Taxing frequent flier miles?

Discussion in 'Travel Industry News' started by wanderer, Jan 30, 2012.

  1. wanderer

    wanderer Moderator

    Citibank caused quite a stir when they sent out tax forms for customers who have cashed a lot of miles. They did the math and figured out that each mile was worth 2.5 cents. No one was very happy about this move, even though taxes are required for gifts and prizes. What do you think? Are frequent flier miles taxable? Should they be?
  2. summerbuns

    summerbuns New Member

    citybank has no shame

    2.5 cents for each mile! Are they kidding? I happen to have 5,000 miles and I can only trade it in for $25 statement credit, that is 0.5 cent for each mile. i know that Citibank does not pay 2.5 cents a mile - which means that if they even if they pay 1 cent per mile in bulk but write off 2.5 cents a mile THEY are making money on the tax write off
  3. Thetravelflex

    Thetravelflex New Member

    citibank valuation

    this is what I think wanderer...I have no problem with Citibank reporting the miles. The problem is citybank's valuation on the miles. When it takes 30,000 miles for a round trip domestic ticket and most round trip domestic flights are no more than about $400, how can they say that the miles are worth 2.5 cents each. This would value a round trip domestic ticket at $800 which is ridiculous and more than double the true value.
  4. Sandradullock

    Sandradullock New Member

    deceptive banking practice?

    a bank being blamed for yet another deceptive banking practice? no surprise there! These banksters are just never going to learn and we the people need to wake up. Citibank is transferring their tax from them to us and sticking ud with the tax bill. They are exploiting a loophole in the law that allows them to value the miles, so they have inflated the price.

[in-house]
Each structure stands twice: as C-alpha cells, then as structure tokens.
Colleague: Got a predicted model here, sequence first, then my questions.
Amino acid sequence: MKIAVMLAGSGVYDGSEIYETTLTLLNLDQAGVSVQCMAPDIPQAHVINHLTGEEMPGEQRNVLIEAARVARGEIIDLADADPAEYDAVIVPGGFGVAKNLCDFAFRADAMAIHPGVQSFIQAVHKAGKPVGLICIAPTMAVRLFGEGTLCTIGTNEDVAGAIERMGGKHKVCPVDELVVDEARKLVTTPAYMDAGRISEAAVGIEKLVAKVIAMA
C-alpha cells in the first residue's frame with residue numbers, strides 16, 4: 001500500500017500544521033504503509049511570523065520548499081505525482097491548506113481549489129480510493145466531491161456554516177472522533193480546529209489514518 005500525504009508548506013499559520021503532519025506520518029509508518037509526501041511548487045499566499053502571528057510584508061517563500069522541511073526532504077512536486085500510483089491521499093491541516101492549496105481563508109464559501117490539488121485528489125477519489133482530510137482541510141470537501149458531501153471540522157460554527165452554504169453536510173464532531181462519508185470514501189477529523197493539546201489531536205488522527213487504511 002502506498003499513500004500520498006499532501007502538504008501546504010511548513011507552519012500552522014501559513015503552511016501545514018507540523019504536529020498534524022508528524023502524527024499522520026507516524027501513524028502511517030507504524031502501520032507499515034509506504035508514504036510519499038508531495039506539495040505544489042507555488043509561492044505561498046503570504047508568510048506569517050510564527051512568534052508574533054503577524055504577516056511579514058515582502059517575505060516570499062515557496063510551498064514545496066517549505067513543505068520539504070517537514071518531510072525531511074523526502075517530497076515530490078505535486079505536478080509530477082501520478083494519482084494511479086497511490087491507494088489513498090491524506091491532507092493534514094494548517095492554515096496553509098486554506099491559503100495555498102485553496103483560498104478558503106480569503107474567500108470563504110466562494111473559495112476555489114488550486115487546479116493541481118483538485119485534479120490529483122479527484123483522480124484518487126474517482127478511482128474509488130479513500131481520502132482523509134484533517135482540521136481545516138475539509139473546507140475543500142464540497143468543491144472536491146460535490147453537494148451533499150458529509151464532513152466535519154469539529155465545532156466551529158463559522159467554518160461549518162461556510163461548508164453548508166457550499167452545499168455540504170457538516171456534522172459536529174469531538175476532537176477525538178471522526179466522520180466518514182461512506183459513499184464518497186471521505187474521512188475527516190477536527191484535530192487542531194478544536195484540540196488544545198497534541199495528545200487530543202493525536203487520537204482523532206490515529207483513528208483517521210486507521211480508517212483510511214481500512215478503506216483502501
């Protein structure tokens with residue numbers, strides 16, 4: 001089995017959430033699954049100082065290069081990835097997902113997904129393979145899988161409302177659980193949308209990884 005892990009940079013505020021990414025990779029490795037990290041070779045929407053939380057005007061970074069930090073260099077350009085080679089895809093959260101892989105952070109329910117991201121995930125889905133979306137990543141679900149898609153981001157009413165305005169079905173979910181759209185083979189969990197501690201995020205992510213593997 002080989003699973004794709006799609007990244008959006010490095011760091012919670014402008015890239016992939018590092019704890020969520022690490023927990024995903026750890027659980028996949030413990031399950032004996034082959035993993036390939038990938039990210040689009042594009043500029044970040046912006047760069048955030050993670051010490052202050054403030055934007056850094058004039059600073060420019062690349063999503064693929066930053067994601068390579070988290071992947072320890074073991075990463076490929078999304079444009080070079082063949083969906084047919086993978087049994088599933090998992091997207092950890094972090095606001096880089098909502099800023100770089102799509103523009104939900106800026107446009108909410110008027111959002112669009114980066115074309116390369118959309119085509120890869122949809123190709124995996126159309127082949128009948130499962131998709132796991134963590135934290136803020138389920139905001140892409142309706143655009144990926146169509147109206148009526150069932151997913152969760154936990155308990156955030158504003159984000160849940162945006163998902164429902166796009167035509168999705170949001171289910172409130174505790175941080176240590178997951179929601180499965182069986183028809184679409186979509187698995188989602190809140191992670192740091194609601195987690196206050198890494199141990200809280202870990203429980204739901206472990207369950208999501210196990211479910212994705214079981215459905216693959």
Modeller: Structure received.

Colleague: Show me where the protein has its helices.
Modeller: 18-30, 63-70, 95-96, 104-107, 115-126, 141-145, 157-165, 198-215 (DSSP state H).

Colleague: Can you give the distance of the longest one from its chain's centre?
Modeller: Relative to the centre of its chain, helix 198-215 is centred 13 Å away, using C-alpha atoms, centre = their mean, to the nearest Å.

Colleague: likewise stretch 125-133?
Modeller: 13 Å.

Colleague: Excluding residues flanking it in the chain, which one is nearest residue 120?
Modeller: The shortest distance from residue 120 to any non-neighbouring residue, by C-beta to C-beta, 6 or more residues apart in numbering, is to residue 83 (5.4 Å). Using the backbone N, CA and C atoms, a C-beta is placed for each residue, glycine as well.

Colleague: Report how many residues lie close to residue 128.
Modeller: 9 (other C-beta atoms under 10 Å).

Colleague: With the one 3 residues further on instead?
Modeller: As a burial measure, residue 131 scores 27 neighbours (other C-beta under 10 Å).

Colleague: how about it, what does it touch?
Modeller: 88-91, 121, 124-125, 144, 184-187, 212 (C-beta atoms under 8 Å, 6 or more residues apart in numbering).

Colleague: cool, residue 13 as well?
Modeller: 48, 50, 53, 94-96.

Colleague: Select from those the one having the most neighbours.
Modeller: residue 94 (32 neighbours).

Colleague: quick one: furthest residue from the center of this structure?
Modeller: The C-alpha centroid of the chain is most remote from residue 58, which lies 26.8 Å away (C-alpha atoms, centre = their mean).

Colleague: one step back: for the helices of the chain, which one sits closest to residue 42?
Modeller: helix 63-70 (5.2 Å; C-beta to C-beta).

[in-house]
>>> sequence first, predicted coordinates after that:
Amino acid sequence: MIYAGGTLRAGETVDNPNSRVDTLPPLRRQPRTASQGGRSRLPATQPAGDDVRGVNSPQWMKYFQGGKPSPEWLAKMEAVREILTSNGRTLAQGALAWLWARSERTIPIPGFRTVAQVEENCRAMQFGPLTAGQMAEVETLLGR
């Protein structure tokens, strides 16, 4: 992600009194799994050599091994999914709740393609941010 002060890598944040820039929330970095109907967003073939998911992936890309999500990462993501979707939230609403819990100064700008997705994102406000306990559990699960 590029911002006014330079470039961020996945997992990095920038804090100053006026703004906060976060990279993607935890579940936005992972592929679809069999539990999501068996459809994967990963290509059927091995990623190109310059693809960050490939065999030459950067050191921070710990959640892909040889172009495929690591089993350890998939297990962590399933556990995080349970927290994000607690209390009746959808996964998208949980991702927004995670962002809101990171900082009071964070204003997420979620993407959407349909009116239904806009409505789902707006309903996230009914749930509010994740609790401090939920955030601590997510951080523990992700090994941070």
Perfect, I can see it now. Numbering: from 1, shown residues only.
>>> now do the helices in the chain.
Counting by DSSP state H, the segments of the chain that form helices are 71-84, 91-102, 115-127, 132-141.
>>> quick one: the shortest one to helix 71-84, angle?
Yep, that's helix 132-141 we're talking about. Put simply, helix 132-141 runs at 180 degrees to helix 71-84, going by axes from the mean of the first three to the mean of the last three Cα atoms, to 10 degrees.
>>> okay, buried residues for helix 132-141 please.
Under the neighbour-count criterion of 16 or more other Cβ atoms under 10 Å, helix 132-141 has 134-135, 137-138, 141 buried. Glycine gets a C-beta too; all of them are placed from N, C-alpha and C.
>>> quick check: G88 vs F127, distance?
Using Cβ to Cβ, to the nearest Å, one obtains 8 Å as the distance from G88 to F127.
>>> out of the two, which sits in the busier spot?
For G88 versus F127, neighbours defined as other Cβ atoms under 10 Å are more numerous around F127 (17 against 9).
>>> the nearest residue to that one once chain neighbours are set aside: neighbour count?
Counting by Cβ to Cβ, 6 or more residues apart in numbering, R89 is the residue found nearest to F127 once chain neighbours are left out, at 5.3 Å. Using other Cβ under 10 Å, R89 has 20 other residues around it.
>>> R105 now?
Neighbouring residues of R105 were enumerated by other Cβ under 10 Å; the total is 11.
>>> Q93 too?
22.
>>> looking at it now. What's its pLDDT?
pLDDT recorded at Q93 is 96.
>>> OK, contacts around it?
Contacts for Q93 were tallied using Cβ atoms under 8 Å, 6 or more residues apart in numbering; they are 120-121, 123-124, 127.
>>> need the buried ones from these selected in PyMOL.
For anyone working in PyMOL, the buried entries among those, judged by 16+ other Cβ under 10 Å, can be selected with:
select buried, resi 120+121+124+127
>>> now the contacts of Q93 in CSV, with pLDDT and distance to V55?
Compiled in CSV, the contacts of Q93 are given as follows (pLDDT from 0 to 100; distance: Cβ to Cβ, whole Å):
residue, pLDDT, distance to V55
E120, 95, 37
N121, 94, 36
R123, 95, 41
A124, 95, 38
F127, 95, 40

5. wanderer

    wanderer Moderator

    Exactly, I agree with both you. Citibank is getting in trouble for this, and that's probably a good thing.
  6. future2back

    future2back New Member

    get your own over Citibank

    the frequent flier miles issue is know what I say? it's time to get our own over Citibank. What you can do is take advantage of Citibank offers on it's credit cards. The last offer I signed up for was 50000 points when you spent $2500 in 3 months. The points are worth $500 so, all you gotta do is get the card, spend 2500, and get $500 back (non-taxable because it is a rebate)...then of course, close the account, presto!
  7. findthelock

    findthelock New Member

    bank manager said...

    you're sure about this? I was told by my bank manager that a reward given for opening a checking or savings account is not considered a rebate since you don't spend any money to receive it. So the gift is instead treated as interest income, meaning that it's taxable.

  8. future2back

    future2back New Member

    don't trust bank managers

    your bank manager said? well, I rest my case! how can we trust bank managers when they're just following orders? think about it...smaller gifts, such as mugs, aren't reported by banks, but an iPad or other pricey gifts they give you are reported, it doesn't make any sense!
  9. gracedavid

    gracedavid New Member

    frequent flyer miles promotion

    the background story to this is basically...Last February Citibank gave away a huge number of frequent flyer miles as part of a promotion. Now, customers who took part in the promotion are receiving 1099 forms, declaring that those miles are taxable income.
  10. mitraveler

    mitraveler New Member

    There's always a bottom line! I signed up for one of those $100 bonuses when you open a bank account last spring, and I just got a tax form in the mail for $100 in interest. I guess there's no free money, eh?

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